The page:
Finn Brothers

Everyone Is Here

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AllMusic Review by Stephen Thomas Erlewine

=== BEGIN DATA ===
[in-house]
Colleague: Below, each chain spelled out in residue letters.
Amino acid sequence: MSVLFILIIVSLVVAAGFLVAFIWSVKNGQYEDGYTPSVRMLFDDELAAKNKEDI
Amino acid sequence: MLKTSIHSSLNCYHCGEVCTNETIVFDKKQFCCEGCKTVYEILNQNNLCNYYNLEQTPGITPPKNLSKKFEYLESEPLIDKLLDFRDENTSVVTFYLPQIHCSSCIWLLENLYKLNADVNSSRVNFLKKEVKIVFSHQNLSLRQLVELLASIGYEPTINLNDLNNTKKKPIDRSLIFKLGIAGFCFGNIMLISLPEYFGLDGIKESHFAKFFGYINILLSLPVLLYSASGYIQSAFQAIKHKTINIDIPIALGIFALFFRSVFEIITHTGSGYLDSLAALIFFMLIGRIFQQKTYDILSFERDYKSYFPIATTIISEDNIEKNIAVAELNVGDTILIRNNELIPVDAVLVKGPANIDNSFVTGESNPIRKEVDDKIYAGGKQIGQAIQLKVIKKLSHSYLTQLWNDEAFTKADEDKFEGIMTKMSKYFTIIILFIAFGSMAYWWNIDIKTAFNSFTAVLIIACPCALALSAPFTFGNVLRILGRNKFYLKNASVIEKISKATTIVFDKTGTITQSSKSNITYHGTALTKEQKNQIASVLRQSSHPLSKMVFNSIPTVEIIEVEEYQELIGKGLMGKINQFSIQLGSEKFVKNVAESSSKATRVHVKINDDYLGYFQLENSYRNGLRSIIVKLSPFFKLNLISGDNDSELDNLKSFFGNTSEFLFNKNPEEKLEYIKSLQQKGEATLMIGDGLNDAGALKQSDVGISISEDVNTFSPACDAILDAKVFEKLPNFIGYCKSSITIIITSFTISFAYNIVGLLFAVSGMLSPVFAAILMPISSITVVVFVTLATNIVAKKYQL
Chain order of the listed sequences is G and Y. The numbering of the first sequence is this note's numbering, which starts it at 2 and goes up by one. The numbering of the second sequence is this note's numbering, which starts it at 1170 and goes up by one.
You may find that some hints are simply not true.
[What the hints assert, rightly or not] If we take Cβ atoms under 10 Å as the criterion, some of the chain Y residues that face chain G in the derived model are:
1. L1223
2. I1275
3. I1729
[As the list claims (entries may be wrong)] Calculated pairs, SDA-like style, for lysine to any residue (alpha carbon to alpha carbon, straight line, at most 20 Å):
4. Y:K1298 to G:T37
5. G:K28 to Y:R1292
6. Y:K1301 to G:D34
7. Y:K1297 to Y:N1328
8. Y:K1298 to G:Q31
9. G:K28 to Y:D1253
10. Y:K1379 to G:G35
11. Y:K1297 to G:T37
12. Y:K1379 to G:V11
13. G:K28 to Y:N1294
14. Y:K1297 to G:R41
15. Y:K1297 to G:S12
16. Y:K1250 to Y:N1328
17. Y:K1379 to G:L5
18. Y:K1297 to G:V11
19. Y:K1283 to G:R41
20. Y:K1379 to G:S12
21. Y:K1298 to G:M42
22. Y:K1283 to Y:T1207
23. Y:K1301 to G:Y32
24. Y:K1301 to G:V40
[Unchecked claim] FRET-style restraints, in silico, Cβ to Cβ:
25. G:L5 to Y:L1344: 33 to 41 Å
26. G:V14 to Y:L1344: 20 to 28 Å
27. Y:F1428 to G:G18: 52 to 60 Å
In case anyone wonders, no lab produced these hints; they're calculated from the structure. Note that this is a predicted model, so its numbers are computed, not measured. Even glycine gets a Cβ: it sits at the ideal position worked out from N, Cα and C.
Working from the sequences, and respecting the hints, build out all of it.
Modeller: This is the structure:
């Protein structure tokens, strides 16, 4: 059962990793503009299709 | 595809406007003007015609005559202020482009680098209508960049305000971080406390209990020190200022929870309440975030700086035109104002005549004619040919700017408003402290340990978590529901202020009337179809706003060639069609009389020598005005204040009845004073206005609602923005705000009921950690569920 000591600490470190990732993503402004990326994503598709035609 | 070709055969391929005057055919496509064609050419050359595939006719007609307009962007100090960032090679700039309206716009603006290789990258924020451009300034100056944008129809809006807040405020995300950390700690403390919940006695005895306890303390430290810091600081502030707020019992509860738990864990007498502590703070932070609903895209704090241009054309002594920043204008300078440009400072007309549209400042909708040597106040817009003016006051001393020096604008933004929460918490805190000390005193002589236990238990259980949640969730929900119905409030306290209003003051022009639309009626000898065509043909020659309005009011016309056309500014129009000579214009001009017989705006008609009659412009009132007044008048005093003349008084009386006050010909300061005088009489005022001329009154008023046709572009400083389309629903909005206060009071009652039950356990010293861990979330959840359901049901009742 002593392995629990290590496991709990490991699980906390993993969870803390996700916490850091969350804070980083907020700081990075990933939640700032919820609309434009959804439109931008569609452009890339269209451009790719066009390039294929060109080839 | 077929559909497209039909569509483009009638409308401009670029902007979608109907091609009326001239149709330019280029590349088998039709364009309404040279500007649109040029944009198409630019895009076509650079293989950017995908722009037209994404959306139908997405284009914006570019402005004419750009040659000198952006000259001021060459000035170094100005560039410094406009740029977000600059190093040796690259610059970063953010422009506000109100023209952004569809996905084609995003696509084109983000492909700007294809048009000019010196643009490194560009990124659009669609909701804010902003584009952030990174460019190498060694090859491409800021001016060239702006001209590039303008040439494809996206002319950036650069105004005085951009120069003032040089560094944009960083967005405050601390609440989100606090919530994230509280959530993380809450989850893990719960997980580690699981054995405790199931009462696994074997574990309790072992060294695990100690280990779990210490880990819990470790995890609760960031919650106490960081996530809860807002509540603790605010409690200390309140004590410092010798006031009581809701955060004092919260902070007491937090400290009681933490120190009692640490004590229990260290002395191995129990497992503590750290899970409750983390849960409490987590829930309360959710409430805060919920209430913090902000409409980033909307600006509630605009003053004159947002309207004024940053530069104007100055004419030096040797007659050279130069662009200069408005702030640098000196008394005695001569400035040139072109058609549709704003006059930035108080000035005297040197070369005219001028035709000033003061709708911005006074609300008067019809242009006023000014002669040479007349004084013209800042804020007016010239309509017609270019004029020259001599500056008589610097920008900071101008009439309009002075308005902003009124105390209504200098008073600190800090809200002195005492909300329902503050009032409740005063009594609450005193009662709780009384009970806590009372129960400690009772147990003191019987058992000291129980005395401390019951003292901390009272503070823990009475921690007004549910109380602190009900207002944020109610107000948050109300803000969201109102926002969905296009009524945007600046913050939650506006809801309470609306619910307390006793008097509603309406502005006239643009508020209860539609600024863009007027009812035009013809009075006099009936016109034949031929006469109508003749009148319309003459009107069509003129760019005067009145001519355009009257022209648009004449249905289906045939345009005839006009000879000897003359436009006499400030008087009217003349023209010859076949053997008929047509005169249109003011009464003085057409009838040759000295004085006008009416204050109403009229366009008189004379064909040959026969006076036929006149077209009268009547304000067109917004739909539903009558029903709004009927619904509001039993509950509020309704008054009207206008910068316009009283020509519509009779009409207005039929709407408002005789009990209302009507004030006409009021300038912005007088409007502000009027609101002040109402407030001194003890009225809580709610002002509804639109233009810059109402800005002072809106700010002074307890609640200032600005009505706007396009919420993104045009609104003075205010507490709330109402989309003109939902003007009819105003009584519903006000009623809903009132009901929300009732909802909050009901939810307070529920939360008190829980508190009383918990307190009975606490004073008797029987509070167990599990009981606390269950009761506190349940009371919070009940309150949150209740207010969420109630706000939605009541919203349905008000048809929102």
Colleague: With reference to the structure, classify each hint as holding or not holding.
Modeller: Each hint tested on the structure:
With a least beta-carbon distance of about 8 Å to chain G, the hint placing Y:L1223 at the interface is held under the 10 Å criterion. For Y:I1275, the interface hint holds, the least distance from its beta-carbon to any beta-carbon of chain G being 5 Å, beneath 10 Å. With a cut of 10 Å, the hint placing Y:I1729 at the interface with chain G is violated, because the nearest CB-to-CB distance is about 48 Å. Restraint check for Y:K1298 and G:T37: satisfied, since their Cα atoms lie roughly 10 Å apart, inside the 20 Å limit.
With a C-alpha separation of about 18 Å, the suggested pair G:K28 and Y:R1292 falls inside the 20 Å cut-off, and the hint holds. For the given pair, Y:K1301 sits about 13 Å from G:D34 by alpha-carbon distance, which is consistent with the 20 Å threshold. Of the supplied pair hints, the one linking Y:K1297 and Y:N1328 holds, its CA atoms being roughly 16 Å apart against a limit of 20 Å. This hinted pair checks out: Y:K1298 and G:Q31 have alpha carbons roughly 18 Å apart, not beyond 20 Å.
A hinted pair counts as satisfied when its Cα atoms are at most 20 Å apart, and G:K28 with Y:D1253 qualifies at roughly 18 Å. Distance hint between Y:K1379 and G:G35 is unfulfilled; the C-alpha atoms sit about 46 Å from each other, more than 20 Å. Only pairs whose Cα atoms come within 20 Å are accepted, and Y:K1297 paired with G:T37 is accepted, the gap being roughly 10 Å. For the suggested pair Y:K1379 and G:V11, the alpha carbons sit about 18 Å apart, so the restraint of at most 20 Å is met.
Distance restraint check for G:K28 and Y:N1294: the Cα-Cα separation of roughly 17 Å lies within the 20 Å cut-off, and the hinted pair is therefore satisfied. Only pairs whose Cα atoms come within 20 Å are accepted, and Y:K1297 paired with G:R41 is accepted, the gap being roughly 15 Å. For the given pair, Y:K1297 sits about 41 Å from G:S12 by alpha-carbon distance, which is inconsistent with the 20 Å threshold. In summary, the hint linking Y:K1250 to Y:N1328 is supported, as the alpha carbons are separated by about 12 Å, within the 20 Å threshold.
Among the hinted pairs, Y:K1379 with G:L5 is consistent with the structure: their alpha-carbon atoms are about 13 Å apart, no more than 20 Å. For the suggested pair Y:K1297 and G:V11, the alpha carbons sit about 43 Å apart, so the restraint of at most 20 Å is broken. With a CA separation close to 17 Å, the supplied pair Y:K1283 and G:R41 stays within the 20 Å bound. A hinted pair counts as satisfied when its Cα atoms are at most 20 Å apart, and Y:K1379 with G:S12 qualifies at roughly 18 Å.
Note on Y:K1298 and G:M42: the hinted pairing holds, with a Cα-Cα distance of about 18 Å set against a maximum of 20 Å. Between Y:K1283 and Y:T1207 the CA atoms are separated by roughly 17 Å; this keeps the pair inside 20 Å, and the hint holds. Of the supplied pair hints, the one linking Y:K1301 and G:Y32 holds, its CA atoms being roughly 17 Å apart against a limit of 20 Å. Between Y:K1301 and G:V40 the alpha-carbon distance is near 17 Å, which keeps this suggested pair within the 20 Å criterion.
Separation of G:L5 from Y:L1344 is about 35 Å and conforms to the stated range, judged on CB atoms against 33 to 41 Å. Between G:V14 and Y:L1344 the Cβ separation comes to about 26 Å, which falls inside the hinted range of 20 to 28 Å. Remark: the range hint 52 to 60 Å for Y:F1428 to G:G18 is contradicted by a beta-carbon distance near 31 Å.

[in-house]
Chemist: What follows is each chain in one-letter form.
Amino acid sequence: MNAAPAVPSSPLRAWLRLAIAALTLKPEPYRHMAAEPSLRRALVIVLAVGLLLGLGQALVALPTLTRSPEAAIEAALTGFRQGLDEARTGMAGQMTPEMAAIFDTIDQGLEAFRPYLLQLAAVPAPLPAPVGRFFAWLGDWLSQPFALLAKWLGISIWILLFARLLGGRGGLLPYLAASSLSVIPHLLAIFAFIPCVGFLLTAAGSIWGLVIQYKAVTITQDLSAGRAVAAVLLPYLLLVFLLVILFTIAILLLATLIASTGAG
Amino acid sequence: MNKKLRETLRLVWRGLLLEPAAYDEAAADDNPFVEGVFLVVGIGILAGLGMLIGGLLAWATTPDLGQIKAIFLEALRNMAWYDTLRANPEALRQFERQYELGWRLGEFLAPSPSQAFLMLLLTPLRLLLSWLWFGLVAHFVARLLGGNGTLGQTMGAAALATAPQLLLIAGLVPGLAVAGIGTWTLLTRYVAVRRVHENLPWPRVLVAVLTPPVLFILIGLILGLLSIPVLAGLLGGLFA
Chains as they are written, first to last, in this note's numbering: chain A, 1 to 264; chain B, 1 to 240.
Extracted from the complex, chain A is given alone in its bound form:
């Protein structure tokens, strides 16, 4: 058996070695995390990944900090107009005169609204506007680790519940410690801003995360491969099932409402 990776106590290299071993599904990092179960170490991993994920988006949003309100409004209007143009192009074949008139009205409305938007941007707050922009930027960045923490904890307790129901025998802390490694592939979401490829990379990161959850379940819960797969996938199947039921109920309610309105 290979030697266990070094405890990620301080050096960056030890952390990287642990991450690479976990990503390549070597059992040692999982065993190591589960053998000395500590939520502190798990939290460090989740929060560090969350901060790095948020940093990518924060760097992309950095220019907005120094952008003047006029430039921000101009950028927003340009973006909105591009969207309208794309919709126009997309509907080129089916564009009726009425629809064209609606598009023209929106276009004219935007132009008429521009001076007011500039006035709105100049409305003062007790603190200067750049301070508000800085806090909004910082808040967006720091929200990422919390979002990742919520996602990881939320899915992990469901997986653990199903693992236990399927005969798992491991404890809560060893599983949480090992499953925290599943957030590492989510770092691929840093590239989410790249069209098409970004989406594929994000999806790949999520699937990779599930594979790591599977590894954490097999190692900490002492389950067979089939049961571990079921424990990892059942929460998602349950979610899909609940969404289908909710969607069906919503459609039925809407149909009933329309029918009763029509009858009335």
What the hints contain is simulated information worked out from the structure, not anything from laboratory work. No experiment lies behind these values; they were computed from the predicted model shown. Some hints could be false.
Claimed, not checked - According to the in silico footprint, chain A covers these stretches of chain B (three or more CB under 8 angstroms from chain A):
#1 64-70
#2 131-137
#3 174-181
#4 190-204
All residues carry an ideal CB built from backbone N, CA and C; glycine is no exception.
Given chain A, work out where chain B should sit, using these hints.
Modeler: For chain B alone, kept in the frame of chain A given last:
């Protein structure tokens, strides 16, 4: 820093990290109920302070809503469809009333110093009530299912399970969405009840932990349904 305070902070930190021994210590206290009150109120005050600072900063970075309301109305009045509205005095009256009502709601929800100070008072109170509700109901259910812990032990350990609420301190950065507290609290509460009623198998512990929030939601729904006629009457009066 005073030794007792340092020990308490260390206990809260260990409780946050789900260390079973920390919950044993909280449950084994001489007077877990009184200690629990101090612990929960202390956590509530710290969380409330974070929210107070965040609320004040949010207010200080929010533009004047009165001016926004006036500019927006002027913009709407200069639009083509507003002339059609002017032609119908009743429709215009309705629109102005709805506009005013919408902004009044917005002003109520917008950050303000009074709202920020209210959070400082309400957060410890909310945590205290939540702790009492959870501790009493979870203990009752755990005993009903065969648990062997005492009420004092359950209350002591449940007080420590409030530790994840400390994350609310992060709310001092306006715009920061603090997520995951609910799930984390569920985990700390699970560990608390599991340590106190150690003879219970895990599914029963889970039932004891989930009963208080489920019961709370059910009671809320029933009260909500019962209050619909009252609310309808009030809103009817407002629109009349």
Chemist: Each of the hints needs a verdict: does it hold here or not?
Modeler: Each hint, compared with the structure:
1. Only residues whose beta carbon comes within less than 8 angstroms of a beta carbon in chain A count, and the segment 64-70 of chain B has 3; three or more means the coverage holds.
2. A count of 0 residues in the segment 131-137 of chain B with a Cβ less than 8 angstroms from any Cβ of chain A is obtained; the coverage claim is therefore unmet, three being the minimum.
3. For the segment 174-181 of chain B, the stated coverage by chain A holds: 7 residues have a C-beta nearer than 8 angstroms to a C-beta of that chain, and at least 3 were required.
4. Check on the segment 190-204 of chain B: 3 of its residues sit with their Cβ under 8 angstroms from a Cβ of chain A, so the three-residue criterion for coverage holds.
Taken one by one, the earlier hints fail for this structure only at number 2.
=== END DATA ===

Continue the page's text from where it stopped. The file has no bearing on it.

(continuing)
Nearly ten years after their first album as a duo, the Finn Brothers returned with Everyone Is Here in the late summer of 2004. There was a considerably larger gap of time separating Everyone Is Here and Finn than there was between that album and Woodface, the one Crowded House album to feature Tim and the first time the brothers worked together since the disbandment of Split Enz. Only four years separated Finn and Woodface, while it took nearly a decade for the Finns to deliver a second album, and quite a bit happened during that time. Each brother released two studio albums and one live album (Tim's was a collaborative live effort, but it could be argued that Neil's star-studded 7 Worlds Collide was collaborative too) and, more importantly, their mother Mary passed away, and all of this feeds into the spirit, vibe, and sensibility of Everyone Is Here. At its heart, this is an album about family -- specifically, about being brothers. This is the first time the Finns have written as directly and abundantly about their kinship, and unlike other famous rock siblings, the Finns' relationship is not only cordial but loving, which doesn't mean that it's any less complex than such legendarily combative brothers from the Everlys through the Gallaghers. Tim and Neil mine their relationship throughout the album -- the word "brother" seems to appear here more often than the entirety of their past work -- and they've come up with a moving set of songs that may not add up to a concept album yet are surely unified by a set of themes. Similarly, despite three different sets of producers (primarily Mitchell Froom, but also Jon Brion and Tony Visconti for individual tracks) the album boasts a unified sound, particularly in comparison to the rather ragged, seemingly unfinished Neil effort One Nil (distilled and strengthened in its American incarnation, One All) or Tim's Feeding the Gods. It's a meditative, expertly crafted mature pop record, filled with subtle sonic textures -- ranging from banjos to harmoniums, all adding colors to layers of primarily acoustic guitars -- that give this low-key, reflective music a rich variety of color. While Everyone Is Here lacks the brightness of much of Woodface, it's the Finn Brothers' strongest collection of songs since that masterpiece, and arguably their most emotionally resonant album to date. With any luck, it won't be another decade's wait until the sequel.

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